Form and Content (Masterplots II: Juvenile & Young Adult Literature Series, Supplement)
Hatchet is a story that describes a young boy’s adventure in the wilderness, where he learns to be self-sufficient and emotionally secure and to cherish life and all that comes with it, both good and bad. When Brian Robeson finds himself alone in the wilderness, his physical challenges parallel the emotional challenges with which he has been dealing since his parents’ divorce. A steel hatchet with a rubber handgrip worn on his belt becomes his only tool for survival; it symbolizes the strength and maturity that will grow within Brian.
The realistic, omniscient narration begins with Brian’s mother giving him the hatchet and a leather sheath for his belt on the way to the airport. At first, he thinks of the hatchet as “hokey,” but he places it on his belt in order to please his mother. Brian then boards a Cessna 406 bushplane to visit his father for the summer. His father has been working in the Canadian oil fields, and Brian is excited by the thought of being with him again. Once the plane is aloft, however, the pilot has a heart attack. Brian attempts to fly the plane but crashes it into a remote Canadian lake. Dragging himself from the cockpit and swimming to shore, Brian begins to comprehend his situation: He is alone, cold, and wet, without any supplies, without any adults to help him, and without the faintest idea of where he is or what he is supposed to do. All that he has is the hatchet. After the first miserable night near the...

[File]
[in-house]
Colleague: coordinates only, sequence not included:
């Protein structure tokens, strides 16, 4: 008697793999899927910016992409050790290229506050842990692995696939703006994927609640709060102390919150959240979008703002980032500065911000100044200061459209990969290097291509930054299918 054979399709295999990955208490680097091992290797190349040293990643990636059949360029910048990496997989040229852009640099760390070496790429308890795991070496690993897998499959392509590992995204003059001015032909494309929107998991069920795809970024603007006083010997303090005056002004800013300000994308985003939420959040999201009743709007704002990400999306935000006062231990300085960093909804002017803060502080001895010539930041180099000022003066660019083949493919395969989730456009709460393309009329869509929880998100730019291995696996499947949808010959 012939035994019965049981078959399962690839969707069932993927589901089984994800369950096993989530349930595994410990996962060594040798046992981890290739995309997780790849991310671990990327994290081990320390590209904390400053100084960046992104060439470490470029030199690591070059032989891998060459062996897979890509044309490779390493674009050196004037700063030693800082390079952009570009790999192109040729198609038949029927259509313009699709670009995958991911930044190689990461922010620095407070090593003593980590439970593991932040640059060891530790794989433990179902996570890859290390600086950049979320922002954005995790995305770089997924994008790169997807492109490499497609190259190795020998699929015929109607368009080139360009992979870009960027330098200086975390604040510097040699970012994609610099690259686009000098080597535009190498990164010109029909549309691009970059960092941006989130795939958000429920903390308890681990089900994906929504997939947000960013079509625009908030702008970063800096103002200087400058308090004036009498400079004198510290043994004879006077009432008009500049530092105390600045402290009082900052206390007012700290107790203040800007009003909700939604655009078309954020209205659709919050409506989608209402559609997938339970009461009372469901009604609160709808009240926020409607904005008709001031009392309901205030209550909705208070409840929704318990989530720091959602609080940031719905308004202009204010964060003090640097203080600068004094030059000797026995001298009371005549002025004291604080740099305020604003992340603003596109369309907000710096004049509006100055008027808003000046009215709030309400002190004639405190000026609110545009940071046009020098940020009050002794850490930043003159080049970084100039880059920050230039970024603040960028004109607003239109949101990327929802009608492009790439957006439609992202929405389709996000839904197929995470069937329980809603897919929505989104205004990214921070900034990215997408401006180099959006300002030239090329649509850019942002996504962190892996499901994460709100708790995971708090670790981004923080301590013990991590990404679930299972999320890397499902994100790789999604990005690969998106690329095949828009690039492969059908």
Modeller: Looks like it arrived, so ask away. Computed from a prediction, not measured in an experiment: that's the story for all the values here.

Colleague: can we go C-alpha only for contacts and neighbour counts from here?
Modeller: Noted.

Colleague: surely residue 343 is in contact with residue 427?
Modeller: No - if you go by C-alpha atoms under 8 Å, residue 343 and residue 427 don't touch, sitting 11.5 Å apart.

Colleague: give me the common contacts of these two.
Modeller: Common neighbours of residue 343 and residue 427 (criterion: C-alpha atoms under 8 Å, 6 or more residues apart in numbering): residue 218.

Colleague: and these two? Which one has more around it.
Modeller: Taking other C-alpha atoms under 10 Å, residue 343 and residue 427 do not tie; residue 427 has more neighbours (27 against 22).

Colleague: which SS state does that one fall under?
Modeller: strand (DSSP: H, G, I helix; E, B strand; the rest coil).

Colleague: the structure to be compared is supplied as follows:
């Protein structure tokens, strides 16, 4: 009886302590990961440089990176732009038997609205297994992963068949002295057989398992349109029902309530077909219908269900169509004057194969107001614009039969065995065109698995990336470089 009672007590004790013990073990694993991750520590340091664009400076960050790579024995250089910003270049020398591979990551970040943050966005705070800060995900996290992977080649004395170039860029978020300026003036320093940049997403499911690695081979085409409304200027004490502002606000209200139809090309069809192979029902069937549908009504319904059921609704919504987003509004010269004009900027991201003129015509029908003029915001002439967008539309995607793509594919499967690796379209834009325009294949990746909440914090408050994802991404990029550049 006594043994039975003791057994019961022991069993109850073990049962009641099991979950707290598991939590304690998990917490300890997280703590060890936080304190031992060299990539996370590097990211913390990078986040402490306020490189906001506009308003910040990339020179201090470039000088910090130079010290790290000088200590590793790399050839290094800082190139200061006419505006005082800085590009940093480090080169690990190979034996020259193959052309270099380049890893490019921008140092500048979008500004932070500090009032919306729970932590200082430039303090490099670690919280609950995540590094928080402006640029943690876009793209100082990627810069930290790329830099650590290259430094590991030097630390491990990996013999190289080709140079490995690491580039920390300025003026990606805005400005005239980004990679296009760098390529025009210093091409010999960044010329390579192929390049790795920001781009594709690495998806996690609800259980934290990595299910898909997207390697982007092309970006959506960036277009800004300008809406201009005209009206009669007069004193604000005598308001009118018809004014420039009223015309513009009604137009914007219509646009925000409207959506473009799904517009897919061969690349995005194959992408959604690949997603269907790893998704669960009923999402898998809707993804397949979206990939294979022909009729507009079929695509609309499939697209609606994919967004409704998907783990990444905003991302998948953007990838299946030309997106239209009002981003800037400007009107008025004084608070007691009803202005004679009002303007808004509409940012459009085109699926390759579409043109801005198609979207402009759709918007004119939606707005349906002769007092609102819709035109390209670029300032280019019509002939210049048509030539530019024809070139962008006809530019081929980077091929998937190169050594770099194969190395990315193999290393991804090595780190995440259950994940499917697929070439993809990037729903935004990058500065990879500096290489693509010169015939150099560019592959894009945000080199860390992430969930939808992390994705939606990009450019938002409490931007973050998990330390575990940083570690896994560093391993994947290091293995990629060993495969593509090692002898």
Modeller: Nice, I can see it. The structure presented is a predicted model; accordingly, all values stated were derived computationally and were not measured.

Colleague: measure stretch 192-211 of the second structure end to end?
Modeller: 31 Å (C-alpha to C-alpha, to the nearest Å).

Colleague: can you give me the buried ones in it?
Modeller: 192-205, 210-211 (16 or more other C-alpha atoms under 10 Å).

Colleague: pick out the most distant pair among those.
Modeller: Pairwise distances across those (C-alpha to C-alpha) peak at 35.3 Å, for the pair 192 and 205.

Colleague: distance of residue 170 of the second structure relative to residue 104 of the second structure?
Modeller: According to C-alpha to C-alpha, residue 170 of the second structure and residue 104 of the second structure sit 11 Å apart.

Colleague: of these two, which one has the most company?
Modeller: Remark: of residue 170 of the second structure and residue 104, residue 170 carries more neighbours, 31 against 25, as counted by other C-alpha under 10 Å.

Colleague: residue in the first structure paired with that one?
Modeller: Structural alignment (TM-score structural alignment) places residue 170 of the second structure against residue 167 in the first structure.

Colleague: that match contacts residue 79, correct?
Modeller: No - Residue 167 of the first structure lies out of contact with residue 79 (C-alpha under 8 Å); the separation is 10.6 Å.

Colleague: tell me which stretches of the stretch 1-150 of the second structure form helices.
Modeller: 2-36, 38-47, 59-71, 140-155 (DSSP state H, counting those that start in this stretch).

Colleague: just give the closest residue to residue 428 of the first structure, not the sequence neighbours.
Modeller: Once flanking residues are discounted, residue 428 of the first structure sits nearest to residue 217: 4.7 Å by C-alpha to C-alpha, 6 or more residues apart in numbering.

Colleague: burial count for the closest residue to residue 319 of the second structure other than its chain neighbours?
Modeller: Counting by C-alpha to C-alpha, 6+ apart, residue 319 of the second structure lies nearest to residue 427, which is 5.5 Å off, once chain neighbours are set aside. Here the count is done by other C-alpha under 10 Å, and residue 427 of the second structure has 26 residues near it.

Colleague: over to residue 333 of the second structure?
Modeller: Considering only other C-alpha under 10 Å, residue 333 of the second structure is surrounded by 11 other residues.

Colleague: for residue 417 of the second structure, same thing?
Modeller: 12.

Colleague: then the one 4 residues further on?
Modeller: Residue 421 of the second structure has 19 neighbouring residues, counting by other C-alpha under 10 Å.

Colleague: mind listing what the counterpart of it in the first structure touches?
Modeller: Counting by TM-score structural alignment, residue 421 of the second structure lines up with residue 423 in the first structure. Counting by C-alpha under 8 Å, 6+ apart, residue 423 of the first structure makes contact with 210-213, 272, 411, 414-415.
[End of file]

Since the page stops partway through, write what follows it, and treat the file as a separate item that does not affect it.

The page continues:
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Two settings predominate: the sky and the wilderness. The first three chapters occur as the plane is airborne; the remaining seventeen take place in the wilderness around the L-shaped lake where the plane crashes. Both landscapes are vast stages that overwhelm the presence of one small human being. Both landscapes are beautiful to the observer yet dangerous to someone unprepared or untrained.